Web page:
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My Life with PCOS – A Patient’s Story

young woman pcos pain

Elizabeth was diagnosed with PCOS at just 23, even though she’d had symptoms since she was 11. Polycystic Ovary Syndrome (PCOS) is a health problem that affects 1 in 10 women of childbearing age. PCOS can happen at any age after puberty, but most women don’t discover they have it until their 20s and 30s – when they have problems getting pregnant.

We were fortunate to hear Elizabeth’s story which includes her struggles of living with symptoms of PCOS and finding a doctor that would take her symptoms seriously.

Heavy Bleeding and Painful Periods

Elizabeth was in the sixth grade and 11 years old when she had her first period, which is a relatively normal age to experience your first menstrual cycle.

“It may be odd that I can remember the exact month and year that I got my first period. Maybe it’s because I didn’t realize I had started my period. And when my mom confirmed that’s what it was, I couldn’t stop crying,” Elizabeth recalls.

“I don’t remember having considerable pain, but my mom would have to pick me up from school because my period would surprise me, and I would bleed through my pants. It was terribly embarrassing.”

– Elizabeth

Even though Elizabeth’s periods were very irregular and spaced out, she experienced no other symptoms so her mom figured they would become regular and ’even out’ as Elizabeth entered high school. However, Elizabeth couldn’t help but notice she was the only one of her friend group to have problems. “Is this normal”, Elizabeth began to question.

Years of Suffering

Unfortunately, Elizabeth’s symptoms didn’t ‘even out’ at all – in fact, they got worse. Her symptoms included weight gain and very painful periods.

“My self-esteem plummeted. I was classified as overweight by my pediatrician, and I was noticeably larger than my friends,” she explains. The most frustrating part was that it didn’t seem to make sense. After all, she was very physically active. She lifted weights, played rugby and even carefully watched her diet.  

Heavy bleeding and severe pain plagued Elizabeth during her menstrual cycle, which came only every three to four months. She and her mom just assumed it was irregular due to her active lifestyle. However, that didn’t explain the intense pain and heavy bleeding. In fact, they were so severe that she couldn’t attend school, go outside, or even move during the first day of her menstrual cycle.

“It was so bad. My mom would take the day off of work to tend to me, because I was in so much pain. Over-the-counter pain medication wouldn’t even take the edge off. I would just rock back and forth on the couch all day, dragging myself to the bathroom to change my menstrual pad or to vomit.”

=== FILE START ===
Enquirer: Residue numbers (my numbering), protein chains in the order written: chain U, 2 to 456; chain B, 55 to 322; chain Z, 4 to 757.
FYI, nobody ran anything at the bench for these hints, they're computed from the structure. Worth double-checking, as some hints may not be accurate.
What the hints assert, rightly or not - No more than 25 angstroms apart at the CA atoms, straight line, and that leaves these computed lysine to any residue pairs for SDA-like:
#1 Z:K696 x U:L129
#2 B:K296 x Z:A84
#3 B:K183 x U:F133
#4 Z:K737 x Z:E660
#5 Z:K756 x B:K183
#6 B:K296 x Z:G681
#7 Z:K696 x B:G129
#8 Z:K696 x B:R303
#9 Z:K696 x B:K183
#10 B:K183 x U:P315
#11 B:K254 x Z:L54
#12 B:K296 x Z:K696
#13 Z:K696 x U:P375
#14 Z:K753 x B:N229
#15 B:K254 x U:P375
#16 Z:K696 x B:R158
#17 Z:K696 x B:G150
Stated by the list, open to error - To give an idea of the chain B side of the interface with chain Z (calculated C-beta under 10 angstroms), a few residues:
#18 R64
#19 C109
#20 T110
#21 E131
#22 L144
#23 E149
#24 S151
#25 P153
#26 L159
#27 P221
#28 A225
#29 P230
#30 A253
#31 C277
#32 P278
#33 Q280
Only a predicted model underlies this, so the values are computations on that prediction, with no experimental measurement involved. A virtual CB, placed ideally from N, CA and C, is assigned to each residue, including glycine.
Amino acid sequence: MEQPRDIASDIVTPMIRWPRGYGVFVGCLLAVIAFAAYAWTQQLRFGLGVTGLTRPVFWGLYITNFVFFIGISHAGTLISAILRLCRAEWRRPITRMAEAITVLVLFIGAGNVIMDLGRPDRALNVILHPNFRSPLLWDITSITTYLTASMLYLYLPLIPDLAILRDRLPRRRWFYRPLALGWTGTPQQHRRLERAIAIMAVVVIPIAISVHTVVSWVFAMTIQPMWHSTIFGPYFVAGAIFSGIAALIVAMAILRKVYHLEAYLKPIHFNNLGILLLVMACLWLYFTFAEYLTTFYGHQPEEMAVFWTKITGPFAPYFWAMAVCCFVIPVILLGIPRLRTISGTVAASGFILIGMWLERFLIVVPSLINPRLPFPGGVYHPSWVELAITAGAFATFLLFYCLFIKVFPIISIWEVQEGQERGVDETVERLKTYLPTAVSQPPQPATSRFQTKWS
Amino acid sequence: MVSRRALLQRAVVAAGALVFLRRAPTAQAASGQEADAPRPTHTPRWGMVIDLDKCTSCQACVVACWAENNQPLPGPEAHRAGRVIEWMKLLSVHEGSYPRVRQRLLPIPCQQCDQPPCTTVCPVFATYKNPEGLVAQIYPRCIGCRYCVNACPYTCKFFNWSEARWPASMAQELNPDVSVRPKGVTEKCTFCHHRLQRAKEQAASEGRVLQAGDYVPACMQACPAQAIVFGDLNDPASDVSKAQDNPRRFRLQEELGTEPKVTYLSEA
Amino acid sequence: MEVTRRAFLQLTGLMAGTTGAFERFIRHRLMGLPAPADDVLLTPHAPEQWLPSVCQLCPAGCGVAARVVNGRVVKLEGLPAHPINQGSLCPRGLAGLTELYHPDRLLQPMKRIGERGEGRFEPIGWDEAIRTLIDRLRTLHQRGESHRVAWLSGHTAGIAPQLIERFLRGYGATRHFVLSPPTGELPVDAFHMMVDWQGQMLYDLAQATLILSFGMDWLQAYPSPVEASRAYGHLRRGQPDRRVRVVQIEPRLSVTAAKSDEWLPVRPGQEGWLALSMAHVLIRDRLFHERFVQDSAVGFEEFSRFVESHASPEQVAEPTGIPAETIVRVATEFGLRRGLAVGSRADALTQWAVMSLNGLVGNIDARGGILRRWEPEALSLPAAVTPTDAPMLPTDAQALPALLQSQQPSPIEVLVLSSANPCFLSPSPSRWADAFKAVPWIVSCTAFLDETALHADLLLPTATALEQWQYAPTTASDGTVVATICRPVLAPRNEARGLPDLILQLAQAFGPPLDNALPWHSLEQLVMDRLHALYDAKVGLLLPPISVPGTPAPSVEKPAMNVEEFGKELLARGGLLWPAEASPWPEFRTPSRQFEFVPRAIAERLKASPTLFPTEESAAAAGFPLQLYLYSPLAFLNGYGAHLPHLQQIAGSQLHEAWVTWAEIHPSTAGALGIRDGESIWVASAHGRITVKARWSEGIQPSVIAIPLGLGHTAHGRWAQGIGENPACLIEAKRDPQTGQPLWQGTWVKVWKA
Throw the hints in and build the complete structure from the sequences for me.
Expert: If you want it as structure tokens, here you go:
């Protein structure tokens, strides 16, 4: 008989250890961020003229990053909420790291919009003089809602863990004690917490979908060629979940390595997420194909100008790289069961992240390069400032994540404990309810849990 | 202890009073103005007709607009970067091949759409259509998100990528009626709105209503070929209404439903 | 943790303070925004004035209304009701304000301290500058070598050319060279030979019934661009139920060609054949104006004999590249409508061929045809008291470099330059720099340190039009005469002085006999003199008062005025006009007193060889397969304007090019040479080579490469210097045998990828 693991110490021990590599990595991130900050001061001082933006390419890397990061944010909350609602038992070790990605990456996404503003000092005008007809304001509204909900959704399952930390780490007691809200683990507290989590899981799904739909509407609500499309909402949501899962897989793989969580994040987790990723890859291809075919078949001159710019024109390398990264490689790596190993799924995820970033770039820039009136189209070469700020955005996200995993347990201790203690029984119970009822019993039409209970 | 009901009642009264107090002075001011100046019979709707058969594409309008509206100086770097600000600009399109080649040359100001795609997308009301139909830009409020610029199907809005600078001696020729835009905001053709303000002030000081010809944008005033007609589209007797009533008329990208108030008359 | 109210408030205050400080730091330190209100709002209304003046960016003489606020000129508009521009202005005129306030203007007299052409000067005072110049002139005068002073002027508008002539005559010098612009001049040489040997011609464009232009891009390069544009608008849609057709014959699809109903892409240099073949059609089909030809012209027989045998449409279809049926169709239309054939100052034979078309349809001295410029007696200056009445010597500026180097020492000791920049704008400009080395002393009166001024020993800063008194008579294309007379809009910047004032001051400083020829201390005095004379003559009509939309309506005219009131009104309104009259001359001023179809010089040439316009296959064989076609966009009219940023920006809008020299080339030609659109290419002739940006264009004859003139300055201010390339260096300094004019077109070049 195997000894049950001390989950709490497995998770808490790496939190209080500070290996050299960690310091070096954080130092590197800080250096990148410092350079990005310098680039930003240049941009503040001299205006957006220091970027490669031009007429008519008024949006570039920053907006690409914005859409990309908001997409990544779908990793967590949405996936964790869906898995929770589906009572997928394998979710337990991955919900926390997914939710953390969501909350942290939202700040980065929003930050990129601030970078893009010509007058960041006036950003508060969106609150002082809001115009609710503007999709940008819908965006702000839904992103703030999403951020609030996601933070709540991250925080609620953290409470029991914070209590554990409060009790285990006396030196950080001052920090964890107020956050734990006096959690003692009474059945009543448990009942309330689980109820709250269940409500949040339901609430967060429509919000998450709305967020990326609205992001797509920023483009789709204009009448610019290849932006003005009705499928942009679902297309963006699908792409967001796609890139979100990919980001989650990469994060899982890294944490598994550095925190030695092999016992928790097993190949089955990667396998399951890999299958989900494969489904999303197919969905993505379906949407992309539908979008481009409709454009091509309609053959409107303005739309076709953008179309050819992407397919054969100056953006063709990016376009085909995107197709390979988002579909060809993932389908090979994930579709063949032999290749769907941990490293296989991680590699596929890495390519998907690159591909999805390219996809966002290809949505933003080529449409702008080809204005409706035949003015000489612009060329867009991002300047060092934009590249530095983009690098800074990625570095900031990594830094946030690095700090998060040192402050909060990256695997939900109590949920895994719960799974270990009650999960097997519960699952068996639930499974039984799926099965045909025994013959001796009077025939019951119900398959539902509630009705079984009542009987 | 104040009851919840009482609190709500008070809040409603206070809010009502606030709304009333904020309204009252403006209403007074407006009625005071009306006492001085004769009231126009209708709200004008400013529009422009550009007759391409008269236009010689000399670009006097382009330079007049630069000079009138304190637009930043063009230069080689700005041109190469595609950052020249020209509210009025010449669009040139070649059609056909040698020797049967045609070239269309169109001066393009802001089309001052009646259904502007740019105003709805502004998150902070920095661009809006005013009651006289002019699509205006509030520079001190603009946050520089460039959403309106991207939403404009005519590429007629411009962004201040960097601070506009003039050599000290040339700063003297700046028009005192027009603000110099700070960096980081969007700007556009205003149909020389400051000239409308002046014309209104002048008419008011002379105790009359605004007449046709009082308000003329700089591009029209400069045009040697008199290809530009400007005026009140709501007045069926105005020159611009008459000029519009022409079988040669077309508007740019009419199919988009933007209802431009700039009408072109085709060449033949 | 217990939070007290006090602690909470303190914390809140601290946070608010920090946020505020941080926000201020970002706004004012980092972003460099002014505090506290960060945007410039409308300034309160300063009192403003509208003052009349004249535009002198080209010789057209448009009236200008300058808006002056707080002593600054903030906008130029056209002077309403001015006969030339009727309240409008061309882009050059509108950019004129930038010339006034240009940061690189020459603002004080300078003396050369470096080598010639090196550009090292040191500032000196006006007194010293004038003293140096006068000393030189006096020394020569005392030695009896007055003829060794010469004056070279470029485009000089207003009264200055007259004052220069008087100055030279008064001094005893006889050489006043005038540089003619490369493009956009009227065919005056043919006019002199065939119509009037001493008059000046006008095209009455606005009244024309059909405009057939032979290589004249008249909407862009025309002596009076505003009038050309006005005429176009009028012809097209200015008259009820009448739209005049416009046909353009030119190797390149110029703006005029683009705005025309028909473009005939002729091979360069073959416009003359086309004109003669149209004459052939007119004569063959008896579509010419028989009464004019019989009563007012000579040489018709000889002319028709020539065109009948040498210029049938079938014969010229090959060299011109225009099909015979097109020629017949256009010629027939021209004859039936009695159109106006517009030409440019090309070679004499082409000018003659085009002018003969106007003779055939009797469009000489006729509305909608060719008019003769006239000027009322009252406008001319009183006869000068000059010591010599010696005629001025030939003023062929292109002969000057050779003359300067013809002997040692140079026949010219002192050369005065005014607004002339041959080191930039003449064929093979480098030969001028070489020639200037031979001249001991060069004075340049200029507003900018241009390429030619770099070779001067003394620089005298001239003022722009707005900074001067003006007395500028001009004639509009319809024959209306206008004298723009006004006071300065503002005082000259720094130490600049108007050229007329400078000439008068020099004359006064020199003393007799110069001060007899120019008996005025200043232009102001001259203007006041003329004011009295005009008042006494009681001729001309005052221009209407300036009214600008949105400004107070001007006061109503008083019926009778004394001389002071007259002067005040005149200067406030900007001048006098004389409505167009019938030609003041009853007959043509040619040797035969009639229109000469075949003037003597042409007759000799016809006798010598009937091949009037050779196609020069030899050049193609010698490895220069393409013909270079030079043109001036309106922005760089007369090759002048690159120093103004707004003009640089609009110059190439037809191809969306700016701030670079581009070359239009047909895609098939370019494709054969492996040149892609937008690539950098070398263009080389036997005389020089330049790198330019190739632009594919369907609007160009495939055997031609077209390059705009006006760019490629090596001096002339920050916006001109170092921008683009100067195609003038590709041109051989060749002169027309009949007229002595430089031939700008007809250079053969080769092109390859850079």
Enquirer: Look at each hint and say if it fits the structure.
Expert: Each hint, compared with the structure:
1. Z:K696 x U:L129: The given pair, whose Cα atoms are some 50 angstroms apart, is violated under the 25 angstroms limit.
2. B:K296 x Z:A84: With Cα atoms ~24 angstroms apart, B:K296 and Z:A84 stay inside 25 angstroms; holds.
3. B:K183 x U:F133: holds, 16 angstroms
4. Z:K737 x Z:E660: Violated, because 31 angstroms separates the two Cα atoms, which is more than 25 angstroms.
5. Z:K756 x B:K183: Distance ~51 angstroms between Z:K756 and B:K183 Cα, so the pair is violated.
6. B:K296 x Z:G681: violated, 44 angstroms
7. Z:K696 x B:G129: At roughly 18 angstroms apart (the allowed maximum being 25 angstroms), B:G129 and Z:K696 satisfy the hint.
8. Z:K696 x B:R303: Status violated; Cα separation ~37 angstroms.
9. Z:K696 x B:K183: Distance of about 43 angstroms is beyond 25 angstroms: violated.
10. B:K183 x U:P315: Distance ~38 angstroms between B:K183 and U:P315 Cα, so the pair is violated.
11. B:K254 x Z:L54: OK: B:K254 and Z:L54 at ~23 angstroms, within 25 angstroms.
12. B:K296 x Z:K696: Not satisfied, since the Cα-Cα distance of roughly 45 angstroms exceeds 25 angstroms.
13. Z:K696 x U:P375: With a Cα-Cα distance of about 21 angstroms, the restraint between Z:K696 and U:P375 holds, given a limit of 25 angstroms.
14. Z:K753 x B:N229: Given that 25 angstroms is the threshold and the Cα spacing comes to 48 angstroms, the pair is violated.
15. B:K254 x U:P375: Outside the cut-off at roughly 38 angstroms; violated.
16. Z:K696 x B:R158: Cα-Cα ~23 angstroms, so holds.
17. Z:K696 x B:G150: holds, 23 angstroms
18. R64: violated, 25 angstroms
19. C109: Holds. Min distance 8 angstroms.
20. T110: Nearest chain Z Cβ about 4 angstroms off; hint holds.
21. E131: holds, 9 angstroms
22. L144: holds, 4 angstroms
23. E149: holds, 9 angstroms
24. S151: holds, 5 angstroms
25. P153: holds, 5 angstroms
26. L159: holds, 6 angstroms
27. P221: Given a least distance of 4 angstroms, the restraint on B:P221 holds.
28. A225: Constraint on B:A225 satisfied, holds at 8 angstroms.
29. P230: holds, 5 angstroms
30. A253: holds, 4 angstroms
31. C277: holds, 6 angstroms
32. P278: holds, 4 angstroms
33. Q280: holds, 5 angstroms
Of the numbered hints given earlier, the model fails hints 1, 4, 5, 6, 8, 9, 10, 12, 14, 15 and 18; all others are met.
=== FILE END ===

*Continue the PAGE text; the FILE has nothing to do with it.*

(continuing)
– Elizabeth

Elizabeth said she learned to just deal with the symptoms and found ways to work around them. It was mainly the first day of her cycle that she was out-of-commission, so on those days, her teachers and coaches were very understanding and would let her go home without any penalties. Again, Elizabeth and her mom hoped her symptoms would simply ‘level out’ as Elizabeth became older.

Time to Seek Help

As Elizabeth was preparing to go off to college, she knew she had to do something. If the first day of her period fell on a day where she had class or an exam, she would be in major trouble.

She had heard birth control could help ease the pain and bleeding of periods, so she scheduled an appointment with the school’s GYN. The gynecologist ran bloodwork and performed an annual exam. The results shocked Elizabeth – the bloodwork revealed that she had high testosterone levels!

After Elizabeth spoke to her mother about her results, Elizabeth discovered her mom had Polycystic Ovary Syndrome.

“You’d think this is when I would be diagnosed with PCOS, right? Unfortunately, my GYN at the time told me it would be useless to do further testing since, as she put it, ‘I didn’t want to have kids yet and I was going on birth control anyway.’”

Cherokee Women’s Health Diagnosed Me with PCOS

As Elizabeth was attending college, she noticed her pain and heavy bleeding were relieved, but she was very fatigued, and was eventually diagnosed with depression.

After graduation, Elizabeth moved to Woodstock, GA, where she discovered Cherokee Women’s Health Specialists. After visiting a gynecologist and having more bloodwork tests, she was diagnosed with Polycystic Ovary Syndrome.

“Even though I suspected I had PCOS for a while, it was a major relief to get a formal diagnosis. I was much kinder to myself and was excited to finally stop suffering from my symptoms.”

Finding a Treatment Plan

Her doctor discussed the different treatment options, and together they chose the best option for her situation. Each patient diagnosed with PCOS has different symptoms and is in various phases of life. Discussing the treatment plans with your physician is the best way to manage and control your PCOS symptoms to be able to enjoy the best quality of life.

Help for PCOS is Available

Polycystic Ovary Syndrome is not a health condition that can go away, so make an appointment with your gynecologist. They will help rule out other potential causes and come up with a treatment plan. At Cherokee Women’s Health, our board-certified OB/GYNs are very experienced in diagnosing and treating symptoms of PCOS.

Request an appointment online or call us today at 770.720.7733.